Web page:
CO: A Budget Traveler’s Guide To Visiting Denver’s Recreational Weed Dispensaries

Photo Credit: Brennan Linsley

It was 7:00 p.m. on a Wednesday in January, but it felt like a Friday night in downtown Denver. Couples and groups of friends softly chatted as they waited their turn to enter. Judging by the crowds, you could easily think this was Colorado’s hottest club, if not for the faintly sweet smell of marijuana permeating the premises.

Welcome to the world of legal recreational weed. The billion-dollar business of hydroponic grow labs and craft dispensaries has meant big money for Colorado since the drug was legalized. With Airbnb reservations up 68% from 2016 to 2017 and Colorado schools getting a reported tens of millions a year from marijuana tax revenue,  it seems like everyone is cashing in on the state’s “green rush.” Local Girl Scouts even got to the ok to sell their cookies outside weed dispensaries.

But as visitors flock to the state for cannabis tourism, some businesses offer a bang for their buck while others are more predatory. I spent a few days in the mile high city earlier this year to suss out the best way for a budget traveler to legally smoke marijuana in Denver. Speaking to everyone from hotel workers to budtenders (yes, that’s a really job) to Uber drivers, the research was difficult, but someone has do it.

Whether you’re first-time pot smoker or long-time stoner, here’s my guide to saving money while imbibing responsibly.

A word to the wise: bring a valid-photo ID if you wish to enter a dispensary. This is a hard and fast rule no matter where you go. If you’re not American, I would recommend bringing your passport, as some dispensaries reportedly accept international driver’s licenses, while others may not.

1. Stay away from the touristic weed dispensaries.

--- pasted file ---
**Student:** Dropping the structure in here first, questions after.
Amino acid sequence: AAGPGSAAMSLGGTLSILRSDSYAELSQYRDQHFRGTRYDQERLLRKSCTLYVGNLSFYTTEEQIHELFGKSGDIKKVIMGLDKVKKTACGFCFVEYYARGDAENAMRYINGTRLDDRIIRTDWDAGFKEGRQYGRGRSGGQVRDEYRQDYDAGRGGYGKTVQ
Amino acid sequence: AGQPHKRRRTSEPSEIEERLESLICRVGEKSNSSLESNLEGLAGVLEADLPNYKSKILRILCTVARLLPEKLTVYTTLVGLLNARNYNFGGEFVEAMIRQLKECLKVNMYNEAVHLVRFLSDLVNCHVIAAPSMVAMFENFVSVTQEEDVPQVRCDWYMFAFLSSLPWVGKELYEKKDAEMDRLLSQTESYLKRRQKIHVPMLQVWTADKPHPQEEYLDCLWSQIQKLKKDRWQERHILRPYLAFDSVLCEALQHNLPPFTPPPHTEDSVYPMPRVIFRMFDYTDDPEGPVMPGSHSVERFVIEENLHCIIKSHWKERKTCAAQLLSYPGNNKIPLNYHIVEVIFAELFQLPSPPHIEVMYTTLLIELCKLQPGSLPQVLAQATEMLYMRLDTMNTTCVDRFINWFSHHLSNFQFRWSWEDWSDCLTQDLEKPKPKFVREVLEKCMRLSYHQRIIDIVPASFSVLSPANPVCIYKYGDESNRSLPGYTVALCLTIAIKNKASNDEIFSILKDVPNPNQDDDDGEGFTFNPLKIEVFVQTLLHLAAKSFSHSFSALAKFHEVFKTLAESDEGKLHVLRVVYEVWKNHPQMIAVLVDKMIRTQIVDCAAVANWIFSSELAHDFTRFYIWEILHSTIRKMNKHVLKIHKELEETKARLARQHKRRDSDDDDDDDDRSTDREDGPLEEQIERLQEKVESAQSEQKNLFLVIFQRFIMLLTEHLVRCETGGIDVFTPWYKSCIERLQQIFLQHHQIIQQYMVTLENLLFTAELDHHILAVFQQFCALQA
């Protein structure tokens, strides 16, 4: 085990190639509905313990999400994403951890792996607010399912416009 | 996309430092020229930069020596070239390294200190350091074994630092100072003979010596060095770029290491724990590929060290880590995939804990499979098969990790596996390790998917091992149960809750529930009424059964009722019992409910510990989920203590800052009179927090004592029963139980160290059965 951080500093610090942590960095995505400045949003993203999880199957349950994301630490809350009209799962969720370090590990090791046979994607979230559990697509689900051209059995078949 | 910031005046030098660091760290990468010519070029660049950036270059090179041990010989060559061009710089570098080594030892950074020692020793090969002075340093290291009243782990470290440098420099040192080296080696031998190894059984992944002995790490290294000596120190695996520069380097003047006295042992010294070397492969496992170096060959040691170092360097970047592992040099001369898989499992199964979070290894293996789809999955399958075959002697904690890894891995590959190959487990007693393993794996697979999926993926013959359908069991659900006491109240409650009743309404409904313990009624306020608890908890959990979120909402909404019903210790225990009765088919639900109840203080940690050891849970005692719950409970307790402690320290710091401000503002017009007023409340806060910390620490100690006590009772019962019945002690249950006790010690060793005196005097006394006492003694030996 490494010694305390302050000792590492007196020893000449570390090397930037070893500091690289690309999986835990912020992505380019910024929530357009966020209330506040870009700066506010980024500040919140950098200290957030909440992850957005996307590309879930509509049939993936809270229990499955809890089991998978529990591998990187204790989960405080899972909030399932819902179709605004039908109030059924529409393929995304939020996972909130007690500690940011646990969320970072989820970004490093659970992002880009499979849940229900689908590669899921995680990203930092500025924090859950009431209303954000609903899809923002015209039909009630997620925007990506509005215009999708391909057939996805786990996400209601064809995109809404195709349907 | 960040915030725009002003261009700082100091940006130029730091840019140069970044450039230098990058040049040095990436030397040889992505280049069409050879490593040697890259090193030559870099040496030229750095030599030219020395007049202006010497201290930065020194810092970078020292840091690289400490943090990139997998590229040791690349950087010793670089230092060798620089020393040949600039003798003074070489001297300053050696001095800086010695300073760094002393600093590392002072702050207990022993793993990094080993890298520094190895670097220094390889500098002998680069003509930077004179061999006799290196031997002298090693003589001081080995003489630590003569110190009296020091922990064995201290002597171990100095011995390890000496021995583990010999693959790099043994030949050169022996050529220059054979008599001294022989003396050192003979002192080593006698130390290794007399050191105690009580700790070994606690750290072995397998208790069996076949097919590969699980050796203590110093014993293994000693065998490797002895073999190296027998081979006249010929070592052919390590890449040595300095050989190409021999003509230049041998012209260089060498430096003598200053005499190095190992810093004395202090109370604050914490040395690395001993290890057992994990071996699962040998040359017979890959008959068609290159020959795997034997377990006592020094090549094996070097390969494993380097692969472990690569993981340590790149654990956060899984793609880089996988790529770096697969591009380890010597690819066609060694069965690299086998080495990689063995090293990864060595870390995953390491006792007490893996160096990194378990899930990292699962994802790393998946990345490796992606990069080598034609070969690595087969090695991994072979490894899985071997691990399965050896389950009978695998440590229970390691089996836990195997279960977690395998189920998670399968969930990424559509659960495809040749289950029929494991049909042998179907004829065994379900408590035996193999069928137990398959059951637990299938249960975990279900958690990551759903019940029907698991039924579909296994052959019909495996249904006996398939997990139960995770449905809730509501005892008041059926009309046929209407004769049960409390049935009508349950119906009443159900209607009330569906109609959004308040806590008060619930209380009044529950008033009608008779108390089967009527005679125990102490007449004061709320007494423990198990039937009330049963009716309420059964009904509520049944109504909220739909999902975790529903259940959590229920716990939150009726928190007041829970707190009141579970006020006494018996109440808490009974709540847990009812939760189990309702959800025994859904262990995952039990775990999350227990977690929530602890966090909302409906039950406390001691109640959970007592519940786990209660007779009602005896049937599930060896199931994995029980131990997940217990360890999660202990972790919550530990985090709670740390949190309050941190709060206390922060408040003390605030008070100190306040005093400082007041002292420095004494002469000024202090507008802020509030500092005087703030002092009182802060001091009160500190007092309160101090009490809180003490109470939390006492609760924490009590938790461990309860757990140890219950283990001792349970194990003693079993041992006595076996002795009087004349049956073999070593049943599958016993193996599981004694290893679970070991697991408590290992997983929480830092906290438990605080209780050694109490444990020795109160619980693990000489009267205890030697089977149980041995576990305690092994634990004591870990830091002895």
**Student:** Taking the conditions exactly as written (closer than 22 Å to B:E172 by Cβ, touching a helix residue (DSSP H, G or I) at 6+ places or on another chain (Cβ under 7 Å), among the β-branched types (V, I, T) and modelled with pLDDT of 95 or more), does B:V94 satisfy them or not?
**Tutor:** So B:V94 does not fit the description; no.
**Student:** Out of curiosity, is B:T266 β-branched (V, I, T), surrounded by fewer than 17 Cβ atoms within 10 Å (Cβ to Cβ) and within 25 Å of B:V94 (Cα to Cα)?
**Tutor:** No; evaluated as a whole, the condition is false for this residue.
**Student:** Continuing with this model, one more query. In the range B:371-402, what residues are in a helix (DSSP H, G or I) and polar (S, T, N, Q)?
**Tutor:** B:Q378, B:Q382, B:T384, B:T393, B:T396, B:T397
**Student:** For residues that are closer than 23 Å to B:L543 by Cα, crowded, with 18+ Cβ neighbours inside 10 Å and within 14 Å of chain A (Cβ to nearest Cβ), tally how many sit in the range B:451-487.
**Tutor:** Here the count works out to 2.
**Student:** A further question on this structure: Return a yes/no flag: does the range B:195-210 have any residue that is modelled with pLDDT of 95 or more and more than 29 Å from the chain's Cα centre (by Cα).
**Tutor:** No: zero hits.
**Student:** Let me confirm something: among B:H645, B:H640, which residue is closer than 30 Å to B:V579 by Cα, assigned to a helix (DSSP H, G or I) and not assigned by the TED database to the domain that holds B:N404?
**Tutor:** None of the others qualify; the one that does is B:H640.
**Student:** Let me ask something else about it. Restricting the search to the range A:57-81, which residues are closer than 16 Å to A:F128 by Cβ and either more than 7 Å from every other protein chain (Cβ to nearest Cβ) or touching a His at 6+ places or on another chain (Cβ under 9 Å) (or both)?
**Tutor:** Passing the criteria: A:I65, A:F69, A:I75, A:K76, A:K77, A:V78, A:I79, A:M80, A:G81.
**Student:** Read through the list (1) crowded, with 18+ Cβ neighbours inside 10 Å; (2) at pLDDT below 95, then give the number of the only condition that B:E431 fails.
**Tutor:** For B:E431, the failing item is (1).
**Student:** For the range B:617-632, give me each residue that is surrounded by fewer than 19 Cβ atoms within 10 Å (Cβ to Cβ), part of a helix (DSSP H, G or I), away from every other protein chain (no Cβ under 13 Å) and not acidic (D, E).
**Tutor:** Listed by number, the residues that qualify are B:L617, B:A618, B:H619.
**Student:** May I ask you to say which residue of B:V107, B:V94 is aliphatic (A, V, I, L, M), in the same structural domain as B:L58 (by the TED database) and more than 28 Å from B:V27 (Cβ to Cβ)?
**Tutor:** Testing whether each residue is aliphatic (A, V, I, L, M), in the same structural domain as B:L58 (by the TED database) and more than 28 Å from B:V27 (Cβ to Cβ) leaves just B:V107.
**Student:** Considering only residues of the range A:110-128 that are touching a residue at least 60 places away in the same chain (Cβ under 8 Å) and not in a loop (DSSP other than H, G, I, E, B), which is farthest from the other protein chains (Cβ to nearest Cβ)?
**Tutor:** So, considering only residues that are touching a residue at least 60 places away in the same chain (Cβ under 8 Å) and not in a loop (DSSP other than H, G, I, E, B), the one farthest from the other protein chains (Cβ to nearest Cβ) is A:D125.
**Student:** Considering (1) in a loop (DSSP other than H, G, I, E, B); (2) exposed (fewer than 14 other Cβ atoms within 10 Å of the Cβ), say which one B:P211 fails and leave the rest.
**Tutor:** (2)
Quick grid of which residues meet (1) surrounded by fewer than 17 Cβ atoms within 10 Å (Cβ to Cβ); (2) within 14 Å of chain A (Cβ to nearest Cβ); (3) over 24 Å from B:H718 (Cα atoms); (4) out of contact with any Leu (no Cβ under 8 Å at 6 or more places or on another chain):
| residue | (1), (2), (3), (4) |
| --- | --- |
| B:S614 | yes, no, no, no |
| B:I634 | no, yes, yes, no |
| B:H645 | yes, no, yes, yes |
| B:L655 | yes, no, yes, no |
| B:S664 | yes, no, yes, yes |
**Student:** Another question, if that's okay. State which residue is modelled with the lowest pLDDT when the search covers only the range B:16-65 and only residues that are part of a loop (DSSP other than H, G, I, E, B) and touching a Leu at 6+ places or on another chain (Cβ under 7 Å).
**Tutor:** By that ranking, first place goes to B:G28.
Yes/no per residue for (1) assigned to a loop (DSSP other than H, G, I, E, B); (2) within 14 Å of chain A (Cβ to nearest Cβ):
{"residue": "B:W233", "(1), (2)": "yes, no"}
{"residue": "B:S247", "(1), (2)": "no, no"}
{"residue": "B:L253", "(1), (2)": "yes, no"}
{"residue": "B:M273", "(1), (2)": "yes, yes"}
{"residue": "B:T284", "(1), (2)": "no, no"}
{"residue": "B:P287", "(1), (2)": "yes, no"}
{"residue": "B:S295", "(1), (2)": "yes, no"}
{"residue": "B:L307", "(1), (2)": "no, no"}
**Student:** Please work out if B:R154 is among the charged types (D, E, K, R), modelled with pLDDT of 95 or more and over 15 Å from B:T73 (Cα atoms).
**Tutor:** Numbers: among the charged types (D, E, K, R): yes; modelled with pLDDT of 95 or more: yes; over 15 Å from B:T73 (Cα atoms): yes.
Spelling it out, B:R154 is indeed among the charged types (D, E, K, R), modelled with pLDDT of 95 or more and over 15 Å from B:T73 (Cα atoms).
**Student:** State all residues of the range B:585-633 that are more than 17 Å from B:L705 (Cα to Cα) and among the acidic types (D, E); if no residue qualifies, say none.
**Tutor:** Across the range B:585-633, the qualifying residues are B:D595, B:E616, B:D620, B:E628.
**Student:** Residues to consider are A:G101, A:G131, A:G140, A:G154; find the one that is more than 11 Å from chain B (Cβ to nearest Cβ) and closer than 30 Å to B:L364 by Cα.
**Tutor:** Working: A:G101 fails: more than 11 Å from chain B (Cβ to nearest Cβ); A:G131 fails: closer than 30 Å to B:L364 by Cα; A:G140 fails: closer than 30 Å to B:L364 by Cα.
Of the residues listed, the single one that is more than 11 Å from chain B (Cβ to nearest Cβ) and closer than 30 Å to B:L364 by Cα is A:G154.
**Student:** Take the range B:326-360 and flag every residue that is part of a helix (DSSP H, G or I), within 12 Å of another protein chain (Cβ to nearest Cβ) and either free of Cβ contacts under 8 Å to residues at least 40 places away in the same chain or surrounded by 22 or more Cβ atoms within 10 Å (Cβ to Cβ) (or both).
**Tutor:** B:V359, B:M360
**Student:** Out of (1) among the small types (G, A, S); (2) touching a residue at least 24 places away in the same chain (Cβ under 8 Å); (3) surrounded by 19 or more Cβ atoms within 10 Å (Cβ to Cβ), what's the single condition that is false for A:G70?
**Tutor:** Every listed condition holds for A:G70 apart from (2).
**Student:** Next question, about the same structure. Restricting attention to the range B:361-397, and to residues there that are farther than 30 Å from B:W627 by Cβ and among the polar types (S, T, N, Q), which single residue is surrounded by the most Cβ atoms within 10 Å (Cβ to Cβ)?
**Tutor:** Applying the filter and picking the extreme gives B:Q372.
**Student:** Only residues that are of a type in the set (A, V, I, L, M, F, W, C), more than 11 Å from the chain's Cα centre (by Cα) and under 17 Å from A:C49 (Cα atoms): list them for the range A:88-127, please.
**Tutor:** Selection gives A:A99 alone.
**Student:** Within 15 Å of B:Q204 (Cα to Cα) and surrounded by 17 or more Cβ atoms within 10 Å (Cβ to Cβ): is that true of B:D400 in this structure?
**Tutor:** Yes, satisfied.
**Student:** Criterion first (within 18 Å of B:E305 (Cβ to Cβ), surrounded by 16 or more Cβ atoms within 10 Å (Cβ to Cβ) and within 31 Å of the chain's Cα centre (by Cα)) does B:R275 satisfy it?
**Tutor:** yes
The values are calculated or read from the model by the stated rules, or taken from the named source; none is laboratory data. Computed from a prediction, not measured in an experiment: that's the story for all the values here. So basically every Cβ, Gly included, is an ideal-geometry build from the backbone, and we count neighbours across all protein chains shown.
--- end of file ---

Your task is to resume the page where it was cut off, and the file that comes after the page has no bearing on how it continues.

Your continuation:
If this is not your first time smoking marijuana and you know what you want to buy, it’s worth it to check out some of the off-the-beaten path stores. I noticed anywhere from a 20 to 100% markup at a downtown spot catering to visitors versus a dispensary that was still centrally located but not as touristic.

Locals recommend include Euflora, Good Chemistry, Cannabis Station and Mile High Green Cross. Try using Weedmaps or CannaMaps  for other spots. You can filter by strain of marijuana, location, price and a number of other variables.

2. Bring your own cash.

Since marijuana exists in a legal loophole in that it is not federally legal, transactions are generally in cash. I made this mistake myself and had to go back to the hotel room, only to have my debit card not work at the dispensary. The employee said that this sometimes happens, as their machine processes the payment as if they were an ATM, although it is not. Mine was an extreme case, as I was then shut out of my card for 24-hours since my bank thought I was stealing my own card.

All that being said: bring cash to Denver’s legal weed dispensaries . Some stores apparently CAN process credit cards, but in order to save yourself a potential headache, bring the green backs. Many also have high surcharges on debit card transactions (between $3 – $5), so if you bring moolah from your own bank you’ll save a few bucks.

3. If you know how to roll a joint, buy ‘flowers’ or loose weed.

The price per joint is around $6.00 – $8.00 and contains (on average) a little less than a half a gram, while a gram is usually around the same price, if you buy eighth or 3.5 grams. It is much more economical to buy your own pot and roll it yourself.

4. Do not smoke in your hotel room.

Public consumption of marijuana is banned in Denver and comes with up to $150 in fines. But that doesn’t mean you should smoke in your hotel room.

Unless it is advertised as 420-friendly, meaning it’s ok to smoke inside, toking inside your hotel will result in a charge for at least one extra night, as they need to air out the room for other clients. The same goes for Airbnb.

If you’re dead set on enjoying a blunt, consider booking a hotel or Airbnb that is ok with smoking. There’s one so-called bud-and-breakfast whose owner reportedly brings in over $1 million a year catering to recreational weed tourists.

If the idea of daily wake-and-bake brunches is a too much for you, consider one of Denver’s private marijuana clubs. These social lounges operate in a legal grey area, and often require a monthly membership fee of around $15 to enter. Here’s a list of some.

A word to the wise: if you’re planning on enjoying your pot purchases in the great outdoors while in Colorado, stay away from national parks, forests and monuments. Since they are operated by the federal government, it is illegal to smoke inside any of those areas. It comes with a hefty fine and up to six months in jail, which sounds like a terrible end to a vacation.